The interior of a typical confined animal feeding operation (CAFO).

Factory farms are actively searching for new money to be found in the pig and to have a closed-loop system which uses every aspect of its life and death for profit. This has caused a deep integration of the “capital swine” into everyday human life for the laborers and communities sustained by these economic ventures.

The Trump administration recently removed standards for pork slaughter line speeds and ultimately reduced overall regulations. People like Blanchette are already considering something you too might be wondering, What happens next? Where does pork and the human labor behind it go from here?

Post by Cydney Livingston

Does aging make our brains less efficient?

We are an aging population. Demographic projections predict the largest population growth will be in the oldest age group – one study predicted a doubling of people age 65 and over between 2012 and 2050. Understanding aging and prolonging healthy years is thus becoming increasingly important.

Michele Diaz and her team explore the effects of aging on cognition.

For Michele Diaz, PhD, of Pennsylvania State University, understanding aging is most important in the context of cognition. She’s a former Duke faculty member who visited campus recently to update us on her work.

Diaz said the relationship between aging and how we think is much more nuanced than the usual stereotype of a steady cognitive decline with age.

Research has found that change in cognition with age cannot be explained as a simple decline: while older people tend to decline with fluid intelligence, or information processing, they maintain crystallized intelligence, or knowledge.

Diaz’s work explores the relationship between aging and language. Aging in the context of language shows an interesting phenomenon: older people have more diverse vocabularies, but may take longer to produce these words. In other words, as people age, they continue to learn more words but have a more difficult time retrieving them, leading to a more frequent tip-of-the-tongue experience.

In order to understand the brain activation patterns associated with such changes, Diaz conducted a study where participants of varying ages were asked to name objects depicted in images while undergoing fMRI scanning. As expected, both groups showed less accuracy in naming of less common objects, and the older adult group showed a slightly lower naming accuracy than the younger.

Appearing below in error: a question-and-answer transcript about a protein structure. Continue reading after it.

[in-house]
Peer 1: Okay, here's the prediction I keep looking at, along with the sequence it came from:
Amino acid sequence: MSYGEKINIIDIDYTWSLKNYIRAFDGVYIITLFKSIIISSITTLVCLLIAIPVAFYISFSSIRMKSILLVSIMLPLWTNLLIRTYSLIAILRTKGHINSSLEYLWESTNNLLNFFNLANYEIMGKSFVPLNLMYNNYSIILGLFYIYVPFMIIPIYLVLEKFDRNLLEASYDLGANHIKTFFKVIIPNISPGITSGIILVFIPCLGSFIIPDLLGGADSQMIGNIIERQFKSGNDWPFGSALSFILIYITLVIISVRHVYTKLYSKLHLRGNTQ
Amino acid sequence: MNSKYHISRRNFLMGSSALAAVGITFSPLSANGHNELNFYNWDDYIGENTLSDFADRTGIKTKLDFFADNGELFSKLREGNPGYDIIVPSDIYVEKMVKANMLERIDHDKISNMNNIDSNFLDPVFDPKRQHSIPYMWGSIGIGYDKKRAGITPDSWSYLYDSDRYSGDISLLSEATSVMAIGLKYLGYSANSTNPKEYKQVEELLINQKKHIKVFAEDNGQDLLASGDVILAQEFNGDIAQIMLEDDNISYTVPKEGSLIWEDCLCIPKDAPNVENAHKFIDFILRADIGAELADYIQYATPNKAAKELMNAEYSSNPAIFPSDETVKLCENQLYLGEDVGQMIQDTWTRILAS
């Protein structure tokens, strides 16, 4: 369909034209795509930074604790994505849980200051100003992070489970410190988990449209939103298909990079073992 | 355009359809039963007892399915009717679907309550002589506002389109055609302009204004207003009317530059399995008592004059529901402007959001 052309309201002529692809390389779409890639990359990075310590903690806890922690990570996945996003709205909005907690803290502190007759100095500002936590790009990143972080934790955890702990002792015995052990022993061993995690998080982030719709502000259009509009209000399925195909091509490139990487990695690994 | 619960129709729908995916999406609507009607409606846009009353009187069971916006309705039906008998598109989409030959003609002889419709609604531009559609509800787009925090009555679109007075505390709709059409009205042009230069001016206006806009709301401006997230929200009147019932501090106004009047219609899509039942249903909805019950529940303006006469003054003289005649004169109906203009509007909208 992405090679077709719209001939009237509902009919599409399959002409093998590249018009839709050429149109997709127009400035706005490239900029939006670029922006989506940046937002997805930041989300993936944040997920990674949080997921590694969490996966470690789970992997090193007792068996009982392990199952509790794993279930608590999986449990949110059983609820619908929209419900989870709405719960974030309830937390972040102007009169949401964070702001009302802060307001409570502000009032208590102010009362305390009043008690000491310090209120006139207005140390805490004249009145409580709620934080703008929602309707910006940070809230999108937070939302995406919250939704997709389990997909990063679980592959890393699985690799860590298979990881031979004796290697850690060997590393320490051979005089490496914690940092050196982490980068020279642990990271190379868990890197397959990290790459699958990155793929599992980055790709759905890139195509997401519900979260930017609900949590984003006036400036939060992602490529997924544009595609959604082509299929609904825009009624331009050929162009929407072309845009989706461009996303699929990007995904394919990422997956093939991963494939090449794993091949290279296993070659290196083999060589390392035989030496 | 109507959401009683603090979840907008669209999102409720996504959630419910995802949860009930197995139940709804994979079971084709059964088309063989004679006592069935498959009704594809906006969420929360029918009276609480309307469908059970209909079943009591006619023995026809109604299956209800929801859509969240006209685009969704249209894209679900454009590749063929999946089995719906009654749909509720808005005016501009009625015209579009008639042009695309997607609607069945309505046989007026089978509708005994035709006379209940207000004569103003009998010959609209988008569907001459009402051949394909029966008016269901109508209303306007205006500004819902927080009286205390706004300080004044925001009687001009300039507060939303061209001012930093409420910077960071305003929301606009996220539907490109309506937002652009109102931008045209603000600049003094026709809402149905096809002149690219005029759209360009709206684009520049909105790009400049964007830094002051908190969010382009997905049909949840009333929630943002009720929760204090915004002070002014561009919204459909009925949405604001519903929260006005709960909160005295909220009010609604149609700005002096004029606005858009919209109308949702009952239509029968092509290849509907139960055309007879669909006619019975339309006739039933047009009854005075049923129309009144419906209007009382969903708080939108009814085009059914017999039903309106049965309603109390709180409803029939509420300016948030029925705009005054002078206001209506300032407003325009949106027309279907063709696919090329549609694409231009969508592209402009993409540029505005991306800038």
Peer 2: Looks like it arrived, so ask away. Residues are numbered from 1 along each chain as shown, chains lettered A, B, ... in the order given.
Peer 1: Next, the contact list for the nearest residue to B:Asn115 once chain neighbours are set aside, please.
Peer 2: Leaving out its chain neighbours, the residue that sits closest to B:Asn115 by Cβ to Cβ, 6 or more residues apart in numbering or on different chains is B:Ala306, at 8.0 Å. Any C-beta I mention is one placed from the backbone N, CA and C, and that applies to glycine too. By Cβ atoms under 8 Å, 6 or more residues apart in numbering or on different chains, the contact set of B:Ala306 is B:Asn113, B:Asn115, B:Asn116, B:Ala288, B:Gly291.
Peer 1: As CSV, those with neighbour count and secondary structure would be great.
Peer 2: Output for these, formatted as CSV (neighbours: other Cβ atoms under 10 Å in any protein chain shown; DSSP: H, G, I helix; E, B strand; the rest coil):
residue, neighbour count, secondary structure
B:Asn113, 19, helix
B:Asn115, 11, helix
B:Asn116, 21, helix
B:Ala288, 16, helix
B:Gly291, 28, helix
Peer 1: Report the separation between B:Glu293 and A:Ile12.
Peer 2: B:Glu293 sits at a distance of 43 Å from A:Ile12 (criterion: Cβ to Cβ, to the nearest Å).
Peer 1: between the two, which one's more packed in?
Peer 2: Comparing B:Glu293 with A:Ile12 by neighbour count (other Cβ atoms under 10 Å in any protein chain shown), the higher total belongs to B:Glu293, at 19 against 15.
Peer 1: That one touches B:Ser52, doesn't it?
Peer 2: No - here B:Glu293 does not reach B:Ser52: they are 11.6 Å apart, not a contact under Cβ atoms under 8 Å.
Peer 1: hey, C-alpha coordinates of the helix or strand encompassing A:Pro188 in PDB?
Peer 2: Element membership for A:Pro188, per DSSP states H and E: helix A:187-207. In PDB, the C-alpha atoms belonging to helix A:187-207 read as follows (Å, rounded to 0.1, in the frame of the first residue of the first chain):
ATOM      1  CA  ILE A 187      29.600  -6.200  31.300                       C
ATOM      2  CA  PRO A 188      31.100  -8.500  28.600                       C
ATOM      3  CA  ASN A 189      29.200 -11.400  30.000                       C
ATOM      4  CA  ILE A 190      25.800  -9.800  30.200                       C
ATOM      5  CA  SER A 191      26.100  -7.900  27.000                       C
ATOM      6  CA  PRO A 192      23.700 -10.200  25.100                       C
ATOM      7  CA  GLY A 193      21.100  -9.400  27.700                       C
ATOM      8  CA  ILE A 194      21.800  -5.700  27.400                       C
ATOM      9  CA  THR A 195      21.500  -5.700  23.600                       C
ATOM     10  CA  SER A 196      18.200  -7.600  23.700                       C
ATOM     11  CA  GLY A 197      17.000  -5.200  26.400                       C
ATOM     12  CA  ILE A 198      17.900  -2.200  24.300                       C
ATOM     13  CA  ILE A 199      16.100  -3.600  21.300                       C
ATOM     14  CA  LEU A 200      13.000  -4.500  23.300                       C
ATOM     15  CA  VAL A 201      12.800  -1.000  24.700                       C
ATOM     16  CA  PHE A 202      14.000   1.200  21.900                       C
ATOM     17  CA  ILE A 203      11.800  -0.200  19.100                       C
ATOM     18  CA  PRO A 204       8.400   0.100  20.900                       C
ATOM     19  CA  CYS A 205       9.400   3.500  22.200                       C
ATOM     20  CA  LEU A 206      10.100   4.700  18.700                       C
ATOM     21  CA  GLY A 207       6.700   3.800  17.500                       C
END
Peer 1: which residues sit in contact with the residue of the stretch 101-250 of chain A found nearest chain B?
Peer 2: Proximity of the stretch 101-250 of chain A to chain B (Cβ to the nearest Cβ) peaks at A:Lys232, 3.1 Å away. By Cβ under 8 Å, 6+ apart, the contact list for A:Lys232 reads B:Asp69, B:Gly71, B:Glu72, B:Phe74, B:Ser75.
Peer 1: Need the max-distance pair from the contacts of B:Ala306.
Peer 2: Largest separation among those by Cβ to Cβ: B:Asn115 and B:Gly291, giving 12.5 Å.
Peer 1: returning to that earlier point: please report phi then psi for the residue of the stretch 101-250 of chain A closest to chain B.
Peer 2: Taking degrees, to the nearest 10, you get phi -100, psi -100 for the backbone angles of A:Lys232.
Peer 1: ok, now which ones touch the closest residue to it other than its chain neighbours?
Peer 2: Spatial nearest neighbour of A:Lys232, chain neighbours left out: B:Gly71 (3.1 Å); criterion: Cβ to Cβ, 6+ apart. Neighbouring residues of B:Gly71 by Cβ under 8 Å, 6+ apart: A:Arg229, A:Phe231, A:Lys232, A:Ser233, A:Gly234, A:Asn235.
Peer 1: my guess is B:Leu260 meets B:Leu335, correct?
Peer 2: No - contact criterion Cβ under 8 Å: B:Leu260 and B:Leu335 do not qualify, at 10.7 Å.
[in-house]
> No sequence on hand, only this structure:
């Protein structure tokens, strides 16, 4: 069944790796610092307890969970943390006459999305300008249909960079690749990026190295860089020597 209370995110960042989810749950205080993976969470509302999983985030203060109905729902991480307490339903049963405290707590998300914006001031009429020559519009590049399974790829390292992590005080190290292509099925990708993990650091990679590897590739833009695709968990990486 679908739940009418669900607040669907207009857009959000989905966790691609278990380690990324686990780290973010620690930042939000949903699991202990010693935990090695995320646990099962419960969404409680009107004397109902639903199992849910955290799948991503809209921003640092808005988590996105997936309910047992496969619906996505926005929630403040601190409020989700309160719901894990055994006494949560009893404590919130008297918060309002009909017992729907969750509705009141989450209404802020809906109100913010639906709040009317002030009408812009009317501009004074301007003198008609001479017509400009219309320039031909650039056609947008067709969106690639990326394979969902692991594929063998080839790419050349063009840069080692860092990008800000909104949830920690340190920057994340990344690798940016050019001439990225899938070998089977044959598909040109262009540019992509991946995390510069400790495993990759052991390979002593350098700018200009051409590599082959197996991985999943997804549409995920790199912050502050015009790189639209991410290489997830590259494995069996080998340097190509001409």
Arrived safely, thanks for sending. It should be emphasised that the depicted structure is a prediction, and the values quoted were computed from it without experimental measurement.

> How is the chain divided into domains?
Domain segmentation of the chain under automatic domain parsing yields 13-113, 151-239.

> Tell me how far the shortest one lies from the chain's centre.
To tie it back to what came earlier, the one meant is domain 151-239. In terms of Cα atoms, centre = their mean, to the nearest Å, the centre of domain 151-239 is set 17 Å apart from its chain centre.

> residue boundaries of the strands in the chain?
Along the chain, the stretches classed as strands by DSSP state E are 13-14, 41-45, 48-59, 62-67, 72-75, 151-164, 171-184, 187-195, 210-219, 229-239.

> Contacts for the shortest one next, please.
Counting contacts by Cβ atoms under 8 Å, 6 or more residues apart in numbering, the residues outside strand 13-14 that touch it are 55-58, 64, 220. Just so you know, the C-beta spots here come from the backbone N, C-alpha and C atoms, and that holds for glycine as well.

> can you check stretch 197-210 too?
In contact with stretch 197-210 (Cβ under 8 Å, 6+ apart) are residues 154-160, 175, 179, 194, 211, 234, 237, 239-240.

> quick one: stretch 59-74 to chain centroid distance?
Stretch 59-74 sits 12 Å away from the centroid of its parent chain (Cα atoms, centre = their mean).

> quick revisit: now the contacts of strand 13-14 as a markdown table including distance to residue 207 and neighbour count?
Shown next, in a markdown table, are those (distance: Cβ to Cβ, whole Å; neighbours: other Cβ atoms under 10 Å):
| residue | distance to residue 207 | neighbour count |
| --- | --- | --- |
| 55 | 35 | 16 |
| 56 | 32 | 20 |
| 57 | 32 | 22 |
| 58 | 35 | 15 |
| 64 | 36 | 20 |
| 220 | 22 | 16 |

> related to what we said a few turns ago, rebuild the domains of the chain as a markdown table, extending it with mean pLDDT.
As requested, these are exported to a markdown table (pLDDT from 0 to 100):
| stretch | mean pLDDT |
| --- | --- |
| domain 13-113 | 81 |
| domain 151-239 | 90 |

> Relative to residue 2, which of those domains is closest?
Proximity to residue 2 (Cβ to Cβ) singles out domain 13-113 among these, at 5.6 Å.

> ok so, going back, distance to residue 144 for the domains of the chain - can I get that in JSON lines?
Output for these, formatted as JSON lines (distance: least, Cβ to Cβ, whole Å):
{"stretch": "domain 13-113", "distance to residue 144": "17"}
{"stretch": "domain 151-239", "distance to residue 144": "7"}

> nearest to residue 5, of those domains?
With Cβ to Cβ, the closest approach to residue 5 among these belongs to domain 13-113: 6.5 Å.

Additionally, Diaz found that the approach older adults take to solving more difficult tasks may be different from younger adults: in younger adults, less common objects elicited an increase in activation, while older adults showed less activation for these more difficult tasks.

Additionally, an increase in activation was associated with a decrease in accuracy. Taken together, these results show that younger and older adults rely on different regions of the brain when presented with difficult tasks, and that the approach younger adults take is more efficient.

In another study, Diaz and her team explored picture recognition of objects of varying semantic and phonological neighborhood density. Rather than manipulation of how common the objects presented in the images are, this approach looks at networks of words based on whether they sound similar or have similar meanings. Words that have denser networks, or more similar sounding or meaning words, should be easier to recognize.

An example of a dense (left) and sparse (right) phonological neighborhood. Words with a greater number of similar sounding or meaning words should be more easily recognized. Image courtesy of Vitevitch, Ercal, and Adagarla, Frontiers in Psychology, 2011.

With this framework, Diaz found no age effect on recognition ability for differences in semantic or phonological neighborhood density. These results suggest that adults may experience stability in their ability to process phonological and semantic characteristics as they age.

Teasing out these patterns of decline and stability in cognitive function is just one part of understanding aging. Research like Diaz’s will only prove to be more important to improve care of such a growing demographic group as our population ages.

Post by undergraduate blogger Sarah Haurin

Post by undergraduate blogger Sarah Haurin

Legendary Paleontologist Richard Leakey Visits Duke

Hoping to catch up with an old friend who is a professor at Duke, Richard Leakey accepted an invitation to speak at the university on Oct. 22, though he “gave up public speaking to a large extent many years ago.”

Richard E. Leakey visited Duke on Oct. 22, 2019.

Leakey, age 74, is a world-renowned pioneer in Paleoanthropology – the study of the human fossil record – and is also well-known for his involvement in Kenyan politics and lifelong efforts towards conservation and wildlife protection. Once, he famously burned twelve tons of elephant tusks that were confiscated from poachers, which gathered international attention and helped usher in a global ban on the ivory trade.